Leeks are exceptionally firm, trouble-free, and will even produce long beautiful stems. It is a member of the onion species and is considerably easier to plant. They are suitable to set in different soil conditions, just make sure that it is not waterlogged. Its leafy stems look pretty, and planting leeks don’t expect much room. Grab the opportunity today to discover more details about how to grow leeks in your greenhouse!
Leek is a cultivar of the broad-leafed wild leek variety. The edible parts of the plant, that contain the nutrients that the plant is famous for, are the sheath bundles formed by the leaves. It has a sweet taste and can be eaten fresh or cooked.
This plant is native to the Mediterranean region and rich in dietary fiber, Vitamins A, B6, C, and K as well as iron, folate, magnesium, and manganese. A bowl of leeks is low in sodium and has nearly no cholesterol. Grow leeks in a greenhouse using this simple guide below.
- Sowing is so simple. Begin by sorting potting soil into pots or trays. Check out the RSI Hydroponic Floating Seeding Tray for your seeds!
- You can plant two seeds per cell in a plug tray.
- Then cover them over with a light layer of soil, and water them.
- If you want a head start: Start the leek seeds approximately ten weeks before the last frost date and transplant them as soon as the ground is workable or a week after the frost date.
- Place them approximately six to eight inches apart and do not thin them.
- Optimal soil temperature: 77°F
- As the plants grow, fill the trenches gradually but ensure the tips of the plants remain exposed.
- Hoe regularly to prevent weeds and this will also aerate the ground.
- Taller leaves can be cut back slightly so that they do not remain on the base.
Helpful tips: How to grow leeks in a greenhouse
- The fungal disease called rust can be a secondary obstacle. Be sure to give adequate space between plants for good airflow.
- If you are craving for remarkably long, white stems, you can try to blanch your leeks 2-3 weeks before you pick them.
- Never grow leeks in the very same spot year after year as there might be an increased danger of pests and diseases.
Perfect soil for your leeks
- Leeks do well in rich, well-drained soil that is slightly acidic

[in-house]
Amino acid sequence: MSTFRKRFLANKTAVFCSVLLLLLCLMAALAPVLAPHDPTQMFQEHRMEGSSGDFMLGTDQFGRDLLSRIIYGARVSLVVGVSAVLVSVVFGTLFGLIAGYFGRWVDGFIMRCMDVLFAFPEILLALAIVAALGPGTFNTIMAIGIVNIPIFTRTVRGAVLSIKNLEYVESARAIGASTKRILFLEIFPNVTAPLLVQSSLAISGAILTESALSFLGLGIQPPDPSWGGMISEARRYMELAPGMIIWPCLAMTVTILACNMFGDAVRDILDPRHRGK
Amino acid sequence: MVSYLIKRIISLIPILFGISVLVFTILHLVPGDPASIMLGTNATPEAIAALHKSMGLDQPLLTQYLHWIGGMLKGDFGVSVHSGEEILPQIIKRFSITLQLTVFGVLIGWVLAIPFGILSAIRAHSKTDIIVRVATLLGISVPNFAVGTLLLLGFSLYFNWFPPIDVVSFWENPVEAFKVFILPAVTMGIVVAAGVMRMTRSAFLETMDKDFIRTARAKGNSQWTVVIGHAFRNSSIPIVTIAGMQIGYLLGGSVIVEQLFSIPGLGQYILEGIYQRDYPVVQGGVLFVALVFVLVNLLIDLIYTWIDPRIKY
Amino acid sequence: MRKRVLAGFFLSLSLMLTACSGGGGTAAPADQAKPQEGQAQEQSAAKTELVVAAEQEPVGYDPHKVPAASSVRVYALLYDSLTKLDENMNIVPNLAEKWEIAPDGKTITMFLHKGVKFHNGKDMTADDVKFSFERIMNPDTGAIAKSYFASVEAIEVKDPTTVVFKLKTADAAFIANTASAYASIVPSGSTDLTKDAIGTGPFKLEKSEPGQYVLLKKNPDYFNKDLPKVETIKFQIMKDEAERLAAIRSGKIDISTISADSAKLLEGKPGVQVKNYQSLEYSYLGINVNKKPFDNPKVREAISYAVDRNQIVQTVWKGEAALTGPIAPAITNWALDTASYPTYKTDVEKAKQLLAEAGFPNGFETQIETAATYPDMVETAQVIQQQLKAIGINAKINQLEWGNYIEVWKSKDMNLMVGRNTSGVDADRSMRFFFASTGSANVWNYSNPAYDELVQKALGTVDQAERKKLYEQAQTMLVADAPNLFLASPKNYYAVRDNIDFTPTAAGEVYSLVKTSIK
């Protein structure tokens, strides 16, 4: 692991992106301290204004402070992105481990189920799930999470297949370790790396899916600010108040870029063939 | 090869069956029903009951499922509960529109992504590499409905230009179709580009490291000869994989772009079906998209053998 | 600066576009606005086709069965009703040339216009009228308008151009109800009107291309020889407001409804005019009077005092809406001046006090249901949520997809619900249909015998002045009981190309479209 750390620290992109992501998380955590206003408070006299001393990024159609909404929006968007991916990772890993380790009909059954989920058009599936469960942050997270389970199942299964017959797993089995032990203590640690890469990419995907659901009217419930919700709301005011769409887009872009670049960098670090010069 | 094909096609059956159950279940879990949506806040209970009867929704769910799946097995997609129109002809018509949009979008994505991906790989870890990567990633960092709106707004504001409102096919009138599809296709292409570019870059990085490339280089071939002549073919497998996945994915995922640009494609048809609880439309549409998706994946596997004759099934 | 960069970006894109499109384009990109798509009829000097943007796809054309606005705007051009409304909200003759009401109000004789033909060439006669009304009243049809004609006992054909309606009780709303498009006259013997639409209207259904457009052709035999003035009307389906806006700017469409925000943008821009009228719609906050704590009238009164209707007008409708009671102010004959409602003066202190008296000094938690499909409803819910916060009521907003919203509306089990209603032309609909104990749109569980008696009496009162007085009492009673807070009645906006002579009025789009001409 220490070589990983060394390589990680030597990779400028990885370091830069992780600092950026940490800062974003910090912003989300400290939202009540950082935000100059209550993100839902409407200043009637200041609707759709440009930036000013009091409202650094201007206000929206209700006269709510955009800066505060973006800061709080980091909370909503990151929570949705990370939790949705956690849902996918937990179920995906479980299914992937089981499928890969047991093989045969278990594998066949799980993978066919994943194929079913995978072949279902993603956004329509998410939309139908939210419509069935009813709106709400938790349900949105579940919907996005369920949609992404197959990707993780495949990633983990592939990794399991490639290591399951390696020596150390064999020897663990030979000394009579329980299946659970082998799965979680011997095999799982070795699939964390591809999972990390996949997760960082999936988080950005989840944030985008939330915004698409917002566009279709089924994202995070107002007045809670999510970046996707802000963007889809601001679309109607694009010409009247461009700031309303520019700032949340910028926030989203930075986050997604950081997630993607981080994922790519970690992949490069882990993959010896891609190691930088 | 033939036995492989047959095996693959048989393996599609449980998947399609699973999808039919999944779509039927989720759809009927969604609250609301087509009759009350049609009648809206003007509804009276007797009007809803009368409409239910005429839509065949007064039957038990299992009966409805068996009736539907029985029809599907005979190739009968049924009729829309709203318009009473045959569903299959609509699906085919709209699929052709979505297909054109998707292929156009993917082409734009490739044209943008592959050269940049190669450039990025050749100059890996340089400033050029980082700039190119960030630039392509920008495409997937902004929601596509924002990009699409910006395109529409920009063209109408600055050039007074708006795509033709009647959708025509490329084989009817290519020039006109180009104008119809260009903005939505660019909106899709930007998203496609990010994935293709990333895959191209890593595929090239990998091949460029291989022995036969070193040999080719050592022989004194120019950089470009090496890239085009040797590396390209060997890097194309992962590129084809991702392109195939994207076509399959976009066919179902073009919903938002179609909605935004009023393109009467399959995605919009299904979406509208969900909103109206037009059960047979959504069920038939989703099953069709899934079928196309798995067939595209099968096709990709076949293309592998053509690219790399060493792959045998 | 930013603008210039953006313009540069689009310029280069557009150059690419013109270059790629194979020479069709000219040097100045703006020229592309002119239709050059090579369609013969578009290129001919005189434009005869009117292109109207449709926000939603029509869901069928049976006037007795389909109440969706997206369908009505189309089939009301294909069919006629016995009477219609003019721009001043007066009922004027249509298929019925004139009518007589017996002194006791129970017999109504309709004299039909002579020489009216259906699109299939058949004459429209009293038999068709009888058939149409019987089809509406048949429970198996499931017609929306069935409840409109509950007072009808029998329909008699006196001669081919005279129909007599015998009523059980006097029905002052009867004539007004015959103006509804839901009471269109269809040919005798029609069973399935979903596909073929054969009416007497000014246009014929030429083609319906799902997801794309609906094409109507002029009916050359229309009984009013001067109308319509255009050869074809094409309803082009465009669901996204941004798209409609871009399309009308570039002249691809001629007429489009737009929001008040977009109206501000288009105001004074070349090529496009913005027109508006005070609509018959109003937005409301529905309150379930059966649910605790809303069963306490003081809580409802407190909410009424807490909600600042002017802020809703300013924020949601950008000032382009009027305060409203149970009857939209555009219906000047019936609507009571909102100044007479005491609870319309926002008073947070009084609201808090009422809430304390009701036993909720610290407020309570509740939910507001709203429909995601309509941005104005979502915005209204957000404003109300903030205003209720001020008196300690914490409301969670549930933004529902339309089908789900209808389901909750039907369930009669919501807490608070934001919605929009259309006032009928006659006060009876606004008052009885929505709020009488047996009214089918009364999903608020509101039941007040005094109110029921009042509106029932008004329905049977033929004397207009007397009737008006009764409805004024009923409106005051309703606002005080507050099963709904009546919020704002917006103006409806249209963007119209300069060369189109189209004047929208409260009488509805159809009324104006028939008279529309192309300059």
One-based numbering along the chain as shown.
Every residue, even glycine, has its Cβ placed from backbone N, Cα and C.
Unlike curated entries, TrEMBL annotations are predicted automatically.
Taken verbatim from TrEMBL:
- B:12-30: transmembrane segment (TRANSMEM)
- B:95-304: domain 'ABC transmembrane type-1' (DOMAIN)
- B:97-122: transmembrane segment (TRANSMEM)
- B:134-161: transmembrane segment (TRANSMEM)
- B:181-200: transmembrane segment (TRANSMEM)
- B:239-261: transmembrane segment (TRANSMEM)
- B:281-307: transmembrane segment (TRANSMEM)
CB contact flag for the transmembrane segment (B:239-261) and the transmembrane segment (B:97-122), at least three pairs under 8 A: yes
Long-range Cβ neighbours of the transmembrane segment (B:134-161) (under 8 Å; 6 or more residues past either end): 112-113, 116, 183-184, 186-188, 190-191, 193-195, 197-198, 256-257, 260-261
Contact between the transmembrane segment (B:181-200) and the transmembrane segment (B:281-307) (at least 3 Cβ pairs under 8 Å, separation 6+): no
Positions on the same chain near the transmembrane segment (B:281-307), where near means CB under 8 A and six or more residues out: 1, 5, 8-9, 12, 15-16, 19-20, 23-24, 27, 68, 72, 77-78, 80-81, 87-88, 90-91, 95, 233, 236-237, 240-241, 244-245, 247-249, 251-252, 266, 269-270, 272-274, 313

- The preferred soil pH is between 6.0 and 6.8
- Avoid excessive nitrogen in the soil because soft growth will be prone to disease and to frost wreck later on
- Keep them weed-free to prevent competition and to discourage pests and diseases
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Let’s give them lights
Place your growing leeks in a greenhouse where they can receive adequate sun. Choose a clear and sunny part. If you are starting leeks in the late winter, be sure to provide them the warmth that they want to germinate. Ensure that they will have sufficient light even in the darkest periods of the year. Check out these Grow Lights for Greenhouses!
Leeks require adequate water to grow strong and healthy. If you live in a dry area with little rain then ensure you soak the plants at least twice a week. Overall, provide about two inches of water every week. Check out these watering systems for your greenhouse or garden!
How to properly pick leeks
The plant matures in about 55 to 80 days after transplanting. If you want to pick your leeks well into the winter then mulch using a heavy cover of hay. Do not pick the leeks out of the ground by using force or they will more than expected break into two, leaving you with only a handful of leaves. Instead, use a fork to reach under the roots and lift the plants off the loose soil.
How to wash, store and eat leeks
Leeks are an excellent garnish to various recipes including soups, salads, and stews. Rinse the leeks, slice them in half lengthwise and keep the root intact. Pour water over the entire leek to provide them a good rinse. Do this a few times if needed to be sure that all of the dirt is removed.
Place fresh leeks without washing and trimming in the fridge, where they will stay fresh for one to two weeks. Covering them loosely in a plastic case will further maintain moisture. It can be preserved in many ways either by freezing, pickling, canning or dehydrating. Freeze leeks by trimming and then blanching them for two to three minutes in boiling water. Cool immediately, towel dry, and store in freezer containers.